Thank you again for replying

Hi Hilary,
glad you are having a good evening. It must be very exhausting treading on eggshells.

I went through very tough times with S when he was in his later teens to mid 20s!! But, thankfully he more settled again now he is a bit older. We do have a very autism-friendly lifestyle. Problems arise when others give him foods that trigger his IBS or reflux, when he is too hot, tired or having a lot of tics.

He is currently quite happy using his laptop, hence I’m on mine.

You should suggest your friend joins the forum too.

If you are using your and your daughter’s real names, you might want to change your user name.


Hi Hilary. Welcome to the forum.

I’m sorry to hear about all this. BPD is a hard condition to deal with. Not just for the sufferer, but loved ones too.

Sertraline is commonly prescribed for BPD and can be very effective alongside Amitriptaline, too. It sounds like the doctors are on the right track.

Although your daughter might depend on attention for her own esteem, it’s important for you to have time for yourself. Are you able to go out? Are there others who live with you or support you?

I find it worrying that a Healthcare professional is suffering so much. Is the job causing her too much stress?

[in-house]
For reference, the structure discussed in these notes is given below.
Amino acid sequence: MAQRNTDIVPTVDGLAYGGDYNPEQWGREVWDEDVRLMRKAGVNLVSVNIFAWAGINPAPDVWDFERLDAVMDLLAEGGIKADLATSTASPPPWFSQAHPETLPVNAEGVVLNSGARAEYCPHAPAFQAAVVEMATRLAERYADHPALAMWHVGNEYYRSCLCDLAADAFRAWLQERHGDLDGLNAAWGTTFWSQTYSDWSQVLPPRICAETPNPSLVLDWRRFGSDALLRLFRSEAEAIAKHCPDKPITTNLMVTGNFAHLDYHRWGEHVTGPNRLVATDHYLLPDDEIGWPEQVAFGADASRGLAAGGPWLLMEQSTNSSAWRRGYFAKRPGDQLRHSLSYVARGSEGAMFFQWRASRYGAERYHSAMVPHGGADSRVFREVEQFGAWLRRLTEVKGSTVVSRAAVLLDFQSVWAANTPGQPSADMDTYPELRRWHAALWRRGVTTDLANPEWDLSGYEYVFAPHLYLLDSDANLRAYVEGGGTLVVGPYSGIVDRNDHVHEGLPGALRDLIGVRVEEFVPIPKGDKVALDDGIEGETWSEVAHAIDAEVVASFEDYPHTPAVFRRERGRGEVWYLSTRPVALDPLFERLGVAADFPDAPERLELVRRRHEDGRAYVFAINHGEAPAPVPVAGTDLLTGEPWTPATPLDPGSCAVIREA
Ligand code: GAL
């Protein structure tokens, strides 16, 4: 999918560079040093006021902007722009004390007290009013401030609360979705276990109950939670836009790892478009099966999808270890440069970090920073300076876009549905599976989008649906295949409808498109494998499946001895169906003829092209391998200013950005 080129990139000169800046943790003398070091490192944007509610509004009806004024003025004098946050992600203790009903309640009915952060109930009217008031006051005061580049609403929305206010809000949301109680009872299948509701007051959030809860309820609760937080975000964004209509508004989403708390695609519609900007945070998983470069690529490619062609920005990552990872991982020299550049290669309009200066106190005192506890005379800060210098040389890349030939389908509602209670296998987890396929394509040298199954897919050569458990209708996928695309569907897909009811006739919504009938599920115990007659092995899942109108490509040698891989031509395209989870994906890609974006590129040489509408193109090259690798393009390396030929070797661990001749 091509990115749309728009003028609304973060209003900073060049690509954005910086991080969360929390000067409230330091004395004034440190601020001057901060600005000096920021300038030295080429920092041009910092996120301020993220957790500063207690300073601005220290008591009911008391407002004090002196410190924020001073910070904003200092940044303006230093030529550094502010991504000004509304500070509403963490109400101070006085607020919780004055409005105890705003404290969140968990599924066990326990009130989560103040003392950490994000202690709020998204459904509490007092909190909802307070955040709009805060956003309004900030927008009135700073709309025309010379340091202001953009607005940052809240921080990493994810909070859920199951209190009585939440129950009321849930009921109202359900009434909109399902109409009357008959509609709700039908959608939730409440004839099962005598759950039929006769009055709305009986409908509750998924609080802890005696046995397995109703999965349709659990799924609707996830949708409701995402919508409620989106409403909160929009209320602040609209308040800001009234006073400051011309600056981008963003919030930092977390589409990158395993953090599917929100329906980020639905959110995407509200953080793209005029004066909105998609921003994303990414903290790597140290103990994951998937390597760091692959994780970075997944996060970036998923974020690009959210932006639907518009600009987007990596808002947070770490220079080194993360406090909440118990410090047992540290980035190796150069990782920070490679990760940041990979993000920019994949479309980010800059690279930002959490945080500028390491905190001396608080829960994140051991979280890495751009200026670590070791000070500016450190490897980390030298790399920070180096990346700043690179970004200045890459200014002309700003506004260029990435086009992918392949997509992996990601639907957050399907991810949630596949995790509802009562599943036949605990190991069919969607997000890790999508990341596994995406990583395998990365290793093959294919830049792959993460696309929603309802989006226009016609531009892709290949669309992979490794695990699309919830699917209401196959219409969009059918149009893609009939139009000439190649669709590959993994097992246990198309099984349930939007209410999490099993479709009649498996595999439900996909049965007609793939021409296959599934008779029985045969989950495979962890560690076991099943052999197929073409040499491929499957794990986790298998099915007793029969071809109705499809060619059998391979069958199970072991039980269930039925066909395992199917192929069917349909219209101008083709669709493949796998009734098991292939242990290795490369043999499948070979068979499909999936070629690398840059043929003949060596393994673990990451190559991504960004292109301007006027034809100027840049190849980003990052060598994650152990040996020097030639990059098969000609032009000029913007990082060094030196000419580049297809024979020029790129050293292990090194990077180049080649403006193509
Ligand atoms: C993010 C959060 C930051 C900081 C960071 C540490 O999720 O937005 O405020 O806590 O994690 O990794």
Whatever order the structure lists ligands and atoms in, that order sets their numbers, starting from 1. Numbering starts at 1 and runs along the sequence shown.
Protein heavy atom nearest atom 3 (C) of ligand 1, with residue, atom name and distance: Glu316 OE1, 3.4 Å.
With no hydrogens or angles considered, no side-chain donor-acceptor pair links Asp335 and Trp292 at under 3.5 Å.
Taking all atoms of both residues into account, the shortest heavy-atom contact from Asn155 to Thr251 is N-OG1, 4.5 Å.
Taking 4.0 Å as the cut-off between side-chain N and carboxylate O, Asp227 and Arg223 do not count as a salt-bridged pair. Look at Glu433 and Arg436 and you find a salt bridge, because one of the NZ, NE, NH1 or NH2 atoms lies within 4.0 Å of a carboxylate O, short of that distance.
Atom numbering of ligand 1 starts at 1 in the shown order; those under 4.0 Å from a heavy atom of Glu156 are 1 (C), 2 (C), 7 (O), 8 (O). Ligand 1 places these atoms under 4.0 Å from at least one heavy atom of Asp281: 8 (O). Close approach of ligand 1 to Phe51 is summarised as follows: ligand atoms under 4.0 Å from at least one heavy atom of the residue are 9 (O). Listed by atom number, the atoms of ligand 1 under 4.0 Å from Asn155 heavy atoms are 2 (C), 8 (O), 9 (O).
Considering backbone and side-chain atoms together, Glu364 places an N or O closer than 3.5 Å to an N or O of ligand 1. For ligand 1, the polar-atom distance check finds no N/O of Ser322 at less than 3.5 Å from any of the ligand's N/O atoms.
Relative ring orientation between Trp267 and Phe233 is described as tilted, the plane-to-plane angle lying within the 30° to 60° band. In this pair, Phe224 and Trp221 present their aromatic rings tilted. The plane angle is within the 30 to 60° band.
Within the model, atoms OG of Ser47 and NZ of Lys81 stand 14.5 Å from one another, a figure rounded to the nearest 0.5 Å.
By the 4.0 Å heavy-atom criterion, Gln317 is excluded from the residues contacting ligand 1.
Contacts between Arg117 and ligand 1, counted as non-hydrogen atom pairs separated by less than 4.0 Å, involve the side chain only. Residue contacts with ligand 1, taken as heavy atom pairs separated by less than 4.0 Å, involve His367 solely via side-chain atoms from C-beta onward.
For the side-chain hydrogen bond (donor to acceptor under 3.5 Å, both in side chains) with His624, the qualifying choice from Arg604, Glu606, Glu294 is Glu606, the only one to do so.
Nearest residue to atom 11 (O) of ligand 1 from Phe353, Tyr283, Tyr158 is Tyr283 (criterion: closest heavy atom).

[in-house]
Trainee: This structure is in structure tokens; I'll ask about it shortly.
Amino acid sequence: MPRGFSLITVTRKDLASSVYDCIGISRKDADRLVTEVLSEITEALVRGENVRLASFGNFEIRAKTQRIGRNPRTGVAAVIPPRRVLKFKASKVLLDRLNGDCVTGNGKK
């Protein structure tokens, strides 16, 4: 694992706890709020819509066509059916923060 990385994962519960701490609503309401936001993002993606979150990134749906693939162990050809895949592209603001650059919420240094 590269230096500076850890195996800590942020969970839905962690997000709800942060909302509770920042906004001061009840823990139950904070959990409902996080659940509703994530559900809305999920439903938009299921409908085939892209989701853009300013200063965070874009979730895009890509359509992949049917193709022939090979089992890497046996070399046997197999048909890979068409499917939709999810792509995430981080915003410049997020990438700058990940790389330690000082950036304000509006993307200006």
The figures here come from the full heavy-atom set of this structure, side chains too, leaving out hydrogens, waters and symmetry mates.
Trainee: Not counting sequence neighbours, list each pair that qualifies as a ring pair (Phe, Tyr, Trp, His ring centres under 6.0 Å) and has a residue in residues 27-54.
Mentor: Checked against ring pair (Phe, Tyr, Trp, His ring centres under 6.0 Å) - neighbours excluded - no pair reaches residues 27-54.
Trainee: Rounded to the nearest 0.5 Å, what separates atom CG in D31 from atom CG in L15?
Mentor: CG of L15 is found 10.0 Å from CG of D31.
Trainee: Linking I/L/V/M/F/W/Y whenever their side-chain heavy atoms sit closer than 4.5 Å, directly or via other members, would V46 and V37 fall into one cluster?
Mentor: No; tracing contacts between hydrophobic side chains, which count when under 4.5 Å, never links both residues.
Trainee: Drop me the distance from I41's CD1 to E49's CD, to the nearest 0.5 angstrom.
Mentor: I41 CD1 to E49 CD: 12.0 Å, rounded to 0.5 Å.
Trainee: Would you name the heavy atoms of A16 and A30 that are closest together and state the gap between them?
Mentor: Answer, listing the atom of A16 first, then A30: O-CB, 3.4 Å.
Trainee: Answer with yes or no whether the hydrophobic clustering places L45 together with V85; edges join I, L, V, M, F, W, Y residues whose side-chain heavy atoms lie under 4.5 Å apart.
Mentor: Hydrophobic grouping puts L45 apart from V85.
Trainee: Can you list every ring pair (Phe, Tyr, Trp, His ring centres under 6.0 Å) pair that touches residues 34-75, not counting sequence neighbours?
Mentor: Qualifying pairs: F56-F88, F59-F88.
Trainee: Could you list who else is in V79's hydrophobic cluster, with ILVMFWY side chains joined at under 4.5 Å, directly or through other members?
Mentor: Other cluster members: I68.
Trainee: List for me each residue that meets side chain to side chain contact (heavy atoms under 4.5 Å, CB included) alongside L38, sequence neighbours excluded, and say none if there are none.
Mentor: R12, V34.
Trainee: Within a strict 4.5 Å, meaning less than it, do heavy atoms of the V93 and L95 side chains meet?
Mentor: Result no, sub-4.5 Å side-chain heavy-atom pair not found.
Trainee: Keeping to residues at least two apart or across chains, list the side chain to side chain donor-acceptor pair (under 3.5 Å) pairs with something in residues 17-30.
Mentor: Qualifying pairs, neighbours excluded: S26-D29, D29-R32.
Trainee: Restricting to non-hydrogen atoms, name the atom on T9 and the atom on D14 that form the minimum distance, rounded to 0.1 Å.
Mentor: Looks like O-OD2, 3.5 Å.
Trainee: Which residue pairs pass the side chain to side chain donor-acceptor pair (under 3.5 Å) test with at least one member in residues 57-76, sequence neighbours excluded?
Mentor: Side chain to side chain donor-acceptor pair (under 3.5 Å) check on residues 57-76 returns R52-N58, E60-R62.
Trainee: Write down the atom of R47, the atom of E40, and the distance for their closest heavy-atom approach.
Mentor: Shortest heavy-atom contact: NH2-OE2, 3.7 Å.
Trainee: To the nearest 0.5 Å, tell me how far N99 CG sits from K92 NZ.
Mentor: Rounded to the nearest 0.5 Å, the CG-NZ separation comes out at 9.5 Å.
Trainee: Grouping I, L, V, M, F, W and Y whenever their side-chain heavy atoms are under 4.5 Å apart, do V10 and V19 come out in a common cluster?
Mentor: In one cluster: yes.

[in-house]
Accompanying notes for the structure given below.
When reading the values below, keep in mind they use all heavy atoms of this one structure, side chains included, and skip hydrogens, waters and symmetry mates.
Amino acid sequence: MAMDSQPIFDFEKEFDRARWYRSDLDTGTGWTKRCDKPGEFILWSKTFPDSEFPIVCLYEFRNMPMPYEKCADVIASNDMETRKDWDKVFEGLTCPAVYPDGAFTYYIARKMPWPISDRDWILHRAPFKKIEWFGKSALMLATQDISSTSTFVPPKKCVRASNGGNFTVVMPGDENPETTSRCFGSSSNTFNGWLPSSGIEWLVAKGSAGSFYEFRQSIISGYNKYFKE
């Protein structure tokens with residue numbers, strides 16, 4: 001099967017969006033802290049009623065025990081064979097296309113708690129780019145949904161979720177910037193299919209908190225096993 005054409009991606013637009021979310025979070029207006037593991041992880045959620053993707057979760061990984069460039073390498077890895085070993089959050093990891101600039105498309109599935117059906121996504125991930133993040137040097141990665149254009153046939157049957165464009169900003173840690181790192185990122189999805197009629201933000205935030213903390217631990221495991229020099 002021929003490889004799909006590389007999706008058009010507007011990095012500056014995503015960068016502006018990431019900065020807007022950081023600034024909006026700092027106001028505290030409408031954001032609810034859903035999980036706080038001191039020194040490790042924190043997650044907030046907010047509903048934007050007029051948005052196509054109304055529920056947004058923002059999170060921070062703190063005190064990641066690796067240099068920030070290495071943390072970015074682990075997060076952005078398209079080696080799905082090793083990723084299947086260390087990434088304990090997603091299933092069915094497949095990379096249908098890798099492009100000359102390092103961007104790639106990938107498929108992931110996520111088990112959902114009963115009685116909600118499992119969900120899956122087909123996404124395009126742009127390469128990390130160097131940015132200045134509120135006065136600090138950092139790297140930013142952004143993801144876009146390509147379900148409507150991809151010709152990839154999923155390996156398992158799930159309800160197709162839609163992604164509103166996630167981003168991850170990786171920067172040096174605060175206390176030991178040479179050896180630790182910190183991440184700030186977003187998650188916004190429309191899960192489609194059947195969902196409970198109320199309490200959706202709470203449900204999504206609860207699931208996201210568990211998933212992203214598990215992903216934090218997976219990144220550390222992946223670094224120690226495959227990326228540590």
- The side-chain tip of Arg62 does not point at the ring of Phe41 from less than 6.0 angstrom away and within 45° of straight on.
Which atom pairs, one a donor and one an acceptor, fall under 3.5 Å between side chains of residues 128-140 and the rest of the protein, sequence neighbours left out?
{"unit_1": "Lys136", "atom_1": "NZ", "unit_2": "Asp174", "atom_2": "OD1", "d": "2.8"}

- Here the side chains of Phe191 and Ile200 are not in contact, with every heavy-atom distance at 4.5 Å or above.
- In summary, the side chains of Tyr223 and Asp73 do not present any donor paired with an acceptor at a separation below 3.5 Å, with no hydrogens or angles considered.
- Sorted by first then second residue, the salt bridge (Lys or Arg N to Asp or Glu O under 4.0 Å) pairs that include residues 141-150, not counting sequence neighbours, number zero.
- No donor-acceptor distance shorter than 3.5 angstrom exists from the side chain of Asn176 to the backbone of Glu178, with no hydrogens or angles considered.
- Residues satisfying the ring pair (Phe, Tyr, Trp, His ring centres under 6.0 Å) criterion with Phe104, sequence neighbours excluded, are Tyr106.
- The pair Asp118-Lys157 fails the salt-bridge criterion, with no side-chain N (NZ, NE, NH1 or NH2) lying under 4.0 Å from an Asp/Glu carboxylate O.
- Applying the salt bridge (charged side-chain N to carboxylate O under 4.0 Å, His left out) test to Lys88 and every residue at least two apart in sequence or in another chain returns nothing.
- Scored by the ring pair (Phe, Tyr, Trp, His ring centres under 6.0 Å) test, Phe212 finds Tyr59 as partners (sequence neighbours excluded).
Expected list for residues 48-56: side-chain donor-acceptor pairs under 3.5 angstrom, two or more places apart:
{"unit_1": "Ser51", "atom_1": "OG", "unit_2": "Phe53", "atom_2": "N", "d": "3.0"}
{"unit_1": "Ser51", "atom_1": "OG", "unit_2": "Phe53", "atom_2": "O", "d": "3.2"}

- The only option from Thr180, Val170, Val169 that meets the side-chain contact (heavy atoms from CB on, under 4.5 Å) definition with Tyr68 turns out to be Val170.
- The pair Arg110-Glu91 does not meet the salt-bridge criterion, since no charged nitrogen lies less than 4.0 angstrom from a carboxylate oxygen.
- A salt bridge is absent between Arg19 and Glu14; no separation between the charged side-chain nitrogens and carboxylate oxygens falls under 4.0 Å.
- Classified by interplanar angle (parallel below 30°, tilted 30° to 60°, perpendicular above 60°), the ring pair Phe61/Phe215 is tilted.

I’m no professional but having seen my son go through 7 years of anxiety/mental health issues, and having read many threads on here, I have come to the conculsion that it is much harder for the carers/loved ones supporting those with mental health issues than it is for the sufferers themselves. They, often, can blame/offload into those around them whilst the carers have no support, no recourse and no one to go to.

Therefore the carers have to be more self reliant , more tough and more self loving than the average person.

So Hilary, especially with your own health issues, you have to put yourself first and your daughter second. Hard to say to a mother I know, but your daughter does have choices how she behaves, how she manages her condition, how she treats you.
You need to start looking after yourself, emotionally, physically, socially. By doing this you are not being selfish, you are in effect modelling good healthy behaviours that she can see working and can choose to adopt for herself.

I am also lending you the forum’s invisible Teflon shield coat. Any time she throws a blame barb at you the coat lets it just slide right off as if it were nothing. Sometimes it even deflects it back at her, silently but back where it belongs. Her accusations are hers, nothing to do with you.
You are her loving mother, not her counsellor, not her psychiatrist. Like when she was a child you set clear boundaries of acceptable behaviour and consequences for bad behaviour. You let her learn from her bad choices. She isn’t 5 any more.
You deserve to be an adult you, not a parent constantly. Love and treat yourself well

Hope some of this helps. I learned it the hard way, but it worked for us